When a police officer responds to a 911 call, often the first he knows of it - and all he knows of it, is the 'call text' that appears on his laptop. It tells him where to go and the reason for the call.
On Thursday evening, our first call popped up on screen:
"Can't take it any more. . . wife keeps yelling at me. . . no wpns, no intox. . . "
So. Sober and unarmed, a man called the police because his wife was yelling at him.
But off we go. Because, you know, he called 911 and things aren't always as they seem.
Turns out they've been married 30 years, which I wasn't expecting. Low income people, living in close quarters in a studio apartment on the east side of town. The officer separates them and we talk to the caller outside on the landing. Within seconds it's clear that what they need is a marriage counselor, but the cop is polite, respectful, and takes the time to talk about the man's problems, reminding him there's two sides to every story and maybe calling 911 when voices get raised isn't a permanent solution.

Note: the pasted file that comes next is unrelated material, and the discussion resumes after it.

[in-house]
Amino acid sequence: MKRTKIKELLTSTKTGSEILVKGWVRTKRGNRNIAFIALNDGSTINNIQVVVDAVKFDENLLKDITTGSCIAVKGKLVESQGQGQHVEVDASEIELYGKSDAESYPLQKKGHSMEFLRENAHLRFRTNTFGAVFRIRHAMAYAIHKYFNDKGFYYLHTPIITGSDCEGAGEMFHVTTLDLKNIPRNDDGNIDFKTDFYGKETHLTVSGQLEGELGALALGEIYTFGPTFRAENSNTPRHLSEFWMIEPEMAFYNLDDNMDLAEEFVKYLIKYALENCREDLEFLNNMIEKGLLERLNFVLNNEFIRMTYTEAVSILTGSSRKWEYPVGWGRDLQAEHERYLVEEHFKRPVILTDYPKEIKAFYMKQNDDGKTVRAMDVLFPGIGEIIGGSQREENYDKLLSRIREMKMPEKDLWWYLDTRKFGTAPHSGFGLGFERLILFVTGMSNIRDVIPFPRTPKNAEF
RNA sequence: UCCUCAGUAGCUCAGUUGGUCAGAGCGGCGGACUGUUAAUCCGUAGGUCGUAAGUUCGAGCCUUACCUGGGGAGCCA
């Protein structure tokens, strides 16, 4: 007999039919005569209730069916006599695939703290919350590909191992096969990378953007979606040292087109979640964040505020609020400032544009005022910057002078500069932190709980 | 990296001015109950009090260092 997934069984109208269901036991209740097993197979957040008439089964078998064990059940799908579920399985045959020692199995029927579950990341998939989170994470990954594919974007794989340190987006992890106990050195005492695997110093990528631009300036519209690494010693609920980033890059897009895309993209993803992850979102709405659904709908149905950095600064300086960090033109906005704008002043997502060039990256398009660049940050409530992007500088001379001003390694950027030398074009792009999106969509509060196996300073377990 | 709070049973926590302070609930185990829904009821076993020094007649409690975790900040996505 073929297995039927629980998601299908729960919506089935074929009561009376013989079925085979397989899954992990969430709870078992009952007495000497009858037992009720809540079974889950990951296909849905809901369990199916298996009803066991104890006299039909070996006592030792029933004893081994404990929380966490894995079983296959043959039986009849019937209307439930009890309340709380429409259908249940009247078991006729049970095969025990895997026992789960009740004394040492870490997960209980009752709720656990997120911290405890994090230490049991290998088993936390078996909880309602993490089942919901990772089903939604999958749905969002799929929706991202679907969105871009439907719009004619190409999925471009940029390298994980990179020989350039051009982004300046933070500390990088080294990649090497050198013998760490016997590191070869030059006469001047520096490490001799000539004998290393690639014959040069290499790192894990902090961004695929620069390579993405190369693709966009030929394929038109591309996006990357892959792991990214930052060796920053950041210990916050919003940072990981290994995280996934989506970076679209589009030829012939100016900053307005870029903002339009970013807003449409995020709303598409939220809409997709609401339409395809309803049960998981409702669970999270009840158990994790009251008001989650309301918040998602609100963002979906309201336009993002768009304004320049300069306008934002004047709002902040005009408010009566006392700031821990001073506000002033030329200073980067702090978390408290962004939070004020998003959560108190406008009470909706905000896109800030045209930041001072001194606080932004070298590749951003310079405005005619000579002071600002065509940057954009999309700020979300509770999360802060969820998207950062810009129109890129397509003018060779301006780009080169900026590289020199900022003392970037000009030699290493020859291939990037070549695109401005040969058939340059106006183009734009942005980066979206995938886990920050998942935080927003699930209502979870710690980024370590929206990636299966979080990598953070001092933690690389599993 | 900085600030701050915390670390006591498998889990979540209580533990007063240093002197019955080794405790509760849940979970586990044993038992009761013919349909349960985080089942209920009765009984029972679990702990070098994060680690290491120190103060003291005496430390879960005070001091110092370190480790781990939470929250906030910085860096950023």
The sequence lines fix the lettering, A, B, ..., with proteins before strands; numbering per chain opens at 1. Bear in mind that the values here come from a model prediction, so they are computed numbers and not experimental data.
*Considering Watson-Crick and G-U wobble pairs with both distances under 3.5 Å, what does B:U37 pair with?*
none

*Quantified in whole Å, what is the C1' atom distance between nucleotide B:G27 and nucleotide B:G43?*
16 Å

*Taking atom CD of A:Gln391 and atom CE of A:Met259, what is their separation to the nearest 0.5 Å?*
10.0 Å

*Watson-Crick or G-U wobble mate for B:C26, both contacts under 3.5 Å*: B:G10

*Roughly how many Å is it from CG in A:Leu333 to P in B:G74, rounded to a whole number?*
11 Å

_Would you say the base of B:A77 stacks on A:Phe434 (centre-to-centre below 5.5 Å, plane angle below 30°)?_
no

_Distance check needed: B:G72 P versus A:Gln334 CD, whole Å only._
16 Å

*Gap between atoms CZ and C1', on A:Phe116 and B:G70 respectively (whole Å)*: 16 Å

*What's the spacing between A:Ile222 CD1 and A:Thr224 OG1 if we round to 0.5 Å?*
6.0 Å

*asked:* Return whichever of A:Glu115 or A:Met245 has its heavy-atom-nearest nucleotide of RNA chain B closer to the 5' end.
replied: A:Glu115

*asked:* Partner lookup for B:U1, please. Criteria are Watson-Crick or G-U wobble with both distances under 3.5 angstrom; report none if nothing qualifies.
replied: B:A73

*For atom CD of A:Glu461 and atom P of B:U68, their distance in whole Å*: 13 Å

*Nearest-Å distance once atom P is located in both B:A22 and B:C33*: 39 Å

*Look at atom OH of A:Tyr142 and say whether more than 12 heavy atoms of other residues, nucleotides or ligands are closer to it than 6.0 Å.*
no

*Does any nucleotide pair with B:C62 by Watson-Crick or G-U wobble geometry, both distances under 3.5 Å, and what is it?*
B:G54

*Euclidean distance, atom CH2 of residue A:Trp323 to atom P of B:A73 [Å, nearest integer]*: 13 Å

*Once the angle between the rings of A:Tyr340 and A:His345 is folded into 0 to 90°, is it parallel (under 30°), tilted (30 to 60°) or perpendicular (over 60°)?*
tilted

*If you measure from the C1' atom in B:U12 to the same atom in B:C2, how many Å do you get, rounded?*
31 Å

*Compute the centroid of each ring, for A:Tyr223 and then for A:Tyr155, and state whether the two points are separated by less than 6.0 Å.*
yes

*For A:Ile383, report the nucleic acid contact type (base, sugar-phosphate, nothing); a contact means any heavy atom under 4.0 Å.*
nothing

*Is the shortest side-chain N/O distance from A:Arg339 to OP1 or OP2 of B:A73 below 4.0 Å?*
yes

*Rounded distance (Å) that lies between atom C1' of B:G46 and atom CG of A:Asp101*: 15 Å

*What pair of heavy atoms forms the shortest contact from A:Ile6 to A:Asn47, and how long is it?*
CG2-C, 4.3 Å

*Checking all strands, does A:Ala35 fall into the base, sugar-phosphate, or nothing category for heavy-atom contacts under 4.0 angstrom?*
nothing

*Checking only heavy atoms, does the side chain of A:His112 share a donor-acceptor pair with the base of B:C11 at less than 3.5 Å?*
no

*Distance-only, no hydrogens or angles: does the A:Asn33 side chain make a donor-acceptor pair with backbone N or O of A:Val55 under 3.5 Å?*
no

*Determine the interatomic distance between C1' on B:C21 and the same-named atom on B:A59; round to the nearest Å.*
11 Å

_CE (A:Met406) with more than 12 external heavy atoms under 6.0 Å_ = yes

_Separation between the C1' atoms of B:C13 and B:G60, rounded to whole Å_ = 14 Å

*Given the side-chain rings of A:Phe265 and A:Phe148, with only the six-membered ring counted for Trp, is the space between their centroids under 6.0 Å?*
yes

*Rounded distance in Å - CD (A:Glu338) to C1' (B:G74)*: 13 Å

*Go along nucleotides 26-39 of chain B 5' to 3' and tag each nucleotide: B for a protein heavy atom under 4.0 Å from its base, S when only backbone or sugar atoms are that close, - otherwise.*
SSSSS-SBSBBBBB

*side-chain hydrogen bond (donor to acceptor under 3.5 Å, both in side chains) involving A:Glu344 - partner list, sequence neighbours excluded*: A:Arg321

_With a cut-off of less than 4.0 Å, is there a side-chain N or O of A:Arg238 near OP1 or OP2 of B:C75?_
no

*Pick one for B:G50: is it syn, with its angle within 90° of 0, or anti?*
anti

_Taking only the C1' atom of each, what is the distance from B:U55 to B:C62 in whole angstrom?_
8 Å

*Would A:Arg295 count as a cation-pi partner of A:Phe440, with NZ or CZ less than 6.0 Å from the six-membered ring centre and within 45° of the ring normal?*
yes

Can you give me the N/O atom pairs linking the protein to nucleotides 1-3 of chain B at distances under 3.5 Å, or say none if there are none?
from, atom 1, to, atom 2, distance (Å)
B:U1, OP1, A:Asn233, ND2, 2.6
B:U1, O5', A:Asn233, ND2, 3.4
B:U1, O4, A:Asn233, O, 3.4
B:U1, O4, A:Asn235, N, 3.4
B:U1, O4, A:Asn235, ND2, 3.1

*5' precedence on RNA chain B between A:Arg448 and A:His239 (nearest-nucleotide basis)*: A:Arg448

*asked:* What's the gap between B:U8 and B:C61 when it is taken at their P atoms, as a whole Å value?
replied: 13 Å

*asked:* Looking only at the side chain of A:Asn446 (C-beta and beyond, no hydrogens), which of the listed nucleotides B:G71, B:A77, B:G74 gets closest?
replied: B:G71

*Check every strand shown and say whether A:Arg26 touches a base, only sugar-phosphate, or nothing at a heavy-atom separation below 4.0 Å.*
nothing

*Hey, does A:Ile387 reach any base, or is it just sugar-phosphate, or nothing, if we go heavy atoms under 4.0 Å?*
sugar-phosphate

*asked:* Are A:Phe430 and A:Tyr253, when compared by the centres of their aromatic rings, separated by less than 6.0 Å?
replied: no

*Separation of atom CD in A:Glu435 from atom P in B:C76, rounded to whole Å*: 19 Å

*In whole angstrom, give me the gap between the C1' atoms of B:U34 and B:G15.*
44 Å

The other side becomes clear when we talk to the wife. She tells us that despite having been married that long, he won't let her have a key to the apartment. She tells us, too, that earlier that day she was at the unemployment office for an hour longer than he'd expected, which made him mad. He never hit her, ever, she says, but it's clear that he basically controls and monitors her every move.
All's well when we leave thirty minutes later, but nonetheless we leave shaking heads. We don't even talk about it, really, I mean what can you say?
Maybe you just look at the bright side: no one was drunk and there were no weapons involved. And thirty years married is pretty impressive these days, don't you think?